Mumbai: Balwadis witness 80 percent increase as BMC schools on verge of closure

Updated: Dec 13, 2019, 14:10 IST | Pallavi Smart | Mumbai

The latest data demonstrates a nearly 80 percent increase in student strength between September 2018 and October 2019

The BMC headquarters located in Fort
The BMC headquarters located in Fort

The Brihanmumbai Municipal Corporation (BMC) pre-primary schools run by NGOs are a runaway success but primary schools run by their own administration are on the wane. The total number of Balwadis which were 489 in the academic year 2017-18 has now increased to 738 in 2019-20 and number students to have increased from 14,854 to 24,089 in the same timeframe. The BMC, however, has claimed that the increasing Balwadi support is their way of ensuring enrolment for primary.

In collaboration with several non-profit organizations (NGOs), the Municipal Corporation for Greater Mumbai (MCGM) has given a major facelift to the civic body operated 900 balwadis in Mumbai. The latest data demonstrates a nearly 80 percent increase in student strength between September 2018 and October 2019. Girl student enrollments have gone up nearly by 25 percent. But, the existing BMC schools are on the verge of closing down with civic body struggling with surplus teachers. This has raised questions on BMC's own administration where the schools are struggling to get students.

When contacted Education Officer at the BMC, Mahesh Palkar said, "The Balwadi's are started on contract basis itself wherein BMC gives money to NGOs to run these pre-primary schools. This also is a part of efforts taken by the civic body to ensure good enrollment in primary school considering that these Balwadi students will graduate to BMC primary schools."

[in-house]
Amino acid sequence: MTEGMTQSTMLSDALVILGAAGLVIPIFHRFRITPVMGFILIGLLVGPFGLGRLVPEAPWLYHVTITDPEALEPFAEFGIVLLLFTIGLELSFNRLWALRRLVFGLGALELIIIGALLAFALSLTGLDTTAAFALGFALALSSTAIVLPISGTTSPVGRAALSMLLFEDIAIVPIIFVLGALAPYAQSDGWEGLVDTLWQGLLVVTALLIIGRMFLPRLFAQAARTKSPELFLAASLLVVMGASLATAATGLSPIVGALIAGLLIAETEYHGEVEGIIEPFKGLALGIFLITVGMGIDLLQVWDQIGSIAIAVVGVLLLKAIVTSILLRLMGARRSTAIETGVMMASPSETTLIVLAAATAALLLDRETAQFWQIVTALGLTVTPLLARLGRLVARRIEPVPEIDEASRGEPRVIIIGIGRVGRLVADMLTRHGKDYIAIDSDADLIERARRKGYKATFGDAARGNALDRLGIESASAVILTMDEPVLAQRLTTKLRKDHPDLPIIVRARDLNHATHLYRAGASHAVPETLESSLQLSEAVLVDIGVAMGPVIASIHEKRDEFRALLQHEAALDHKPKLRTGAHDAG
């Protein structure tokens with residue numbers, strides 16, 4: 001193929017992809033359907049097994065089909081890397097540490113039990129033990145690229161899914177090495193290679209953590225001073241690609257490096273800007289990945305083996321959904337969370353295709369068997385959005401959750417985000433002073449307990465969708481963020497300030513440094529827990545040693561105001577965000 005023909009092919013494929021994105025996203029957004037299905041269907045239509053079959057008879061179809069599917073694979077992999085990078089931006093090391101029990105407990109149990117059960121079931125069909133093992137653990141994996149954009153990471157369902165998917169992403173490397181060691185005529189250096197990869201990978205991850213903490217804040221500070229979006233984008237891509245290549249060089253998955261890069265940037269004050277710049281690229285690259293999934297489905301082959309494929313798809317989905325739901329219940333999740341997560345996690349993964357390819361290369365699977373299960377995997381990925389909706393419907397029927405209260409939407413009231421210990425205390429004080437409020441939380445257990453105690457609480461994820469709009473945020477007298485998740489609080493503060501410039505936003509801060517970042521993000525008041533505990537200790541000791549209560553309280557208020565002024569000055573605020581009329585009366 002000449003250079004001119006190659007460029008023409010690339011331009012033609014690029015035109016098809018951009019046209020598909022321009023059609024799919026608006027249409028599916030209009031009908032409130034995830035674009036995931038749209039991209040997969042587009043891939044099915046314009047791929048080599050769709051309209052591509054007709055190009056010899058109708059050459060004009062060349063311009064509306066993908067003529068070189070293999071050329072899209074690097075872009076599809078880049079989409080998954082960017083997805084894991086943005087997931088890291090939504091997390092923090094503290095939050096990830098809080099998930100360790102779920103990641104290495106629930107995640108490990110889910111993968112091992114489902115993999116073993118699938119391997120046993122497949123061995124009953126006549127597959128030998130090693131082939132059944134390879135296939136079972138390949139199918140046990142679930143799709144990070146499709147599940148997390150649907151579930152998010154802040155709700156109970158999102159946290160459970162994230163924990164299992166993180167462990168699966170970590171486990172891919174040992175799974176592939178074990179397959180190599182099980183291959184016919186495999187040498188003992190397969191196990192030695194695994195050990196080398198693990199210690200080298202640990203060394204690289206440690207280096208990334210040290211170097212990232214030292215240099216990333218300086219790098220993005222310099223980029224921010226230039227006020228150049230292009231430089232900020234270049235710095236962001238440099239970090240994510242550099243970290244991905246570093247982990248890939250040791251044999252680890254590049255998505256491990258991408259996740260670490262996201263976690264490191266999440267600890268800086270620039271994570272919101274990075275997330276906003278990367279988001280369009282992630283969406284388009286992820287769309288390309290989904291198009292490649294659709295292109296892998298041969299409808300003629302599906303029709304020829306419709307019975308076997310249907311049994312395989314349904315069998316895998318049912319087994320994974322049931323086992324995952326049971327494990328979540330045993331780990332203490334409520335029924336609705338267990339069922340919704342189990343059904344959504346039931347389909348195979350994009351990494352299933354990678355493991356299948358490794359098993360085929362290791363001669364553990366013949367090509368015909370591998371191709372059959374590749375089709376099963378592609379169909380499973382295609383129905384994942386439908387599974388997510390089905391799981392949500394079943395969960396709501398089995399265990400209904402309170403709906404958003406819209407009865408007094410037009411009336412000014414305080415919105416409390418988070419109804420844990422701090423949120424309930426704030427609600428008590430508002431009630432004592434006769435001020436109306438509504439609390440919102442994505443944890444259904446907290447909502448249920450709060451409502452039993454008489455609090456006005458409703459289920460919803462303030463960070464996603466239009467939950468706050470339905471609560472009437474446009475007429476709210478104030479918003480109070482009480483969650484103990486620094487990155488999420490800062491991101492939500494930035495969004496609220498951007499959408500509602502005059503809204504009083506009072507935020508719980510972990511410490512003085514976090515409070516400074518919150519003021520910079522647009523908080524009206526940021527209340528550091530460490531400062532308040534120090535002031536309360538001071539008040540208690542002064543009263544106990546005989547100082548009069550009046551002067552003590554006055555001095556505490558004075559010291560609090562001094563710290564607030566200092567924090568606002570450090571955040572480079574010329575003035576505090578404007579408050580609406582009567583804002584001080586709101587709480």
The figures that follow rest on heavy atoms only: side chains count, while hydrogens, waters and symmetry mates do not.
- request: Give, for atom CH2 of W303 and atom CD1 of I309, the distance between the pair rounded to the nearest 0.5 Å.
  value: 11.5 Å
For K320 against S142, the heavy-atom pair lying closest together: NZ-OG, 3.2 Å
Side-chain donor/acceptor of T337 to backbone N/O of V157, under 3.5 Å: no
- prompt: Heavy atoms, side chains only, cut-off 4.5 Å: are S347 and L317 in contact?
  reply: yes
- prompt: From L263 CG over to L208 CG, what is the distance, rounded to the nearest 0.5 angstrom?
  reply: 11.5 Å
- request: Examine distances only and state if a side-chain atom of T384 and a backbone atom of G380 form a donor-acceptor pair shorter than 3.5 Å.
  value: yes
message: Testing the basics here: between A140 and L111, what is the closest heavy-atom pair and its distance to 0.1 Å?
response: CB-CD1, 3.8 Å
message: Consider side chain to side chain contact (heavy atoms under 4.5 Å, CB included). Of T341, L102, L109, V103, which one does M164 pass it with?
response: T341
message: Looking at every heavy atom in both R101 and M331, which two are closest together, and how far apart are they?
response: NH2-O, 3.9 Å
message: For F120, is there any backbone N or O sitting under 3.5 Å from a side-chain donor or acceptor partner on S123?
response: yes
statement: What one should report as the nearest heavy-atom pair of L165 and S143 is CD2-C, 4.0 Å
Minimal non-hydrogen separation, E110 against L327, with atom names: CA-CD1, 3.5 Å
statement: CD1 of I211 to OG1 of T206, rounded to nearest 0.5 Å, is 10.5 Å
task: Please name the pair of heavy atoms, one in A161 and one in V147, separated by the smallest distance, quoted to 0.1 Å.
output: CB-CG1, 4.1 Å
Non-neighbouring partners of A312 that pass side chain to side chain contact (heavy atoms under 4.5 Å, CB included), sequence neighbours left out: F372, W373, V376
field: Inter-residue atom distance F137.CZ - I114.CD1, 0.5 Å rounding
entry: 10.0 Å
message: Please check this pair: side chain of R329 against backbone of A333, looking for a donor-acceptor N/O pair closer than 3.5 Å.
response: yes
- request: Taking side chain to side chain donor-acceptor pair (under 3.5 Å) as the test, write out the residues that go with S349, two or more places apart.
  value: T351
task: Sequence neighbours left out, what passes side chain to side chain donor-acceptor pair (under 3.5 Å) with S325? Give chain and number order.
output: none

He further said, "The project was executed in a phased manner with a vision following which with each year we have continued to add more Balwadis under this initiative. These new Balwadis are set up in localities where there is demand. It led to significant growth in enrollment under this programme."

On the other hand, an officer from the BMC Education department said, "Such partnership model was started only hoping that there would be a success. One of the important regulations in this program is that every Balwadi is expected to have a minimum of 20 students. If this mandate is not met, that Balwadi will be shut. This has definitely motivated the employees of these Balwadis to continuously enrolled students. These teachers with help from NGOs visit nearby slum areas and localities to identify out of school children in order to enroll them back to school, to save their jobs. Such a mandate is not so strict for primary schools run by BMC. If the school closes down because of low enrolment that teacher is declared surplus and adjusted somewhere else."

According to NGOs, however, the PPP (Public-Private Partnership) has helped these Balwadis to run successfully. Rustom Kerawalla, Trustee, RK Foundation which is running 101 Balwadis under this program said, "A tracking system for greater accountability and responsibility has now been integrated into the programme by assigning supervisors for Balwadis, who are required to carry out routine visits to centers, thereby ensuring that the deliverables are implemented daily in an expected manner, while performance indicators of students on cognitive and neuromotor learning are also measured accurately. This has resulted in a robust system and has also enabled the foundation to measure both, teaching and learning outcomes thereby resulting in good enrolment."

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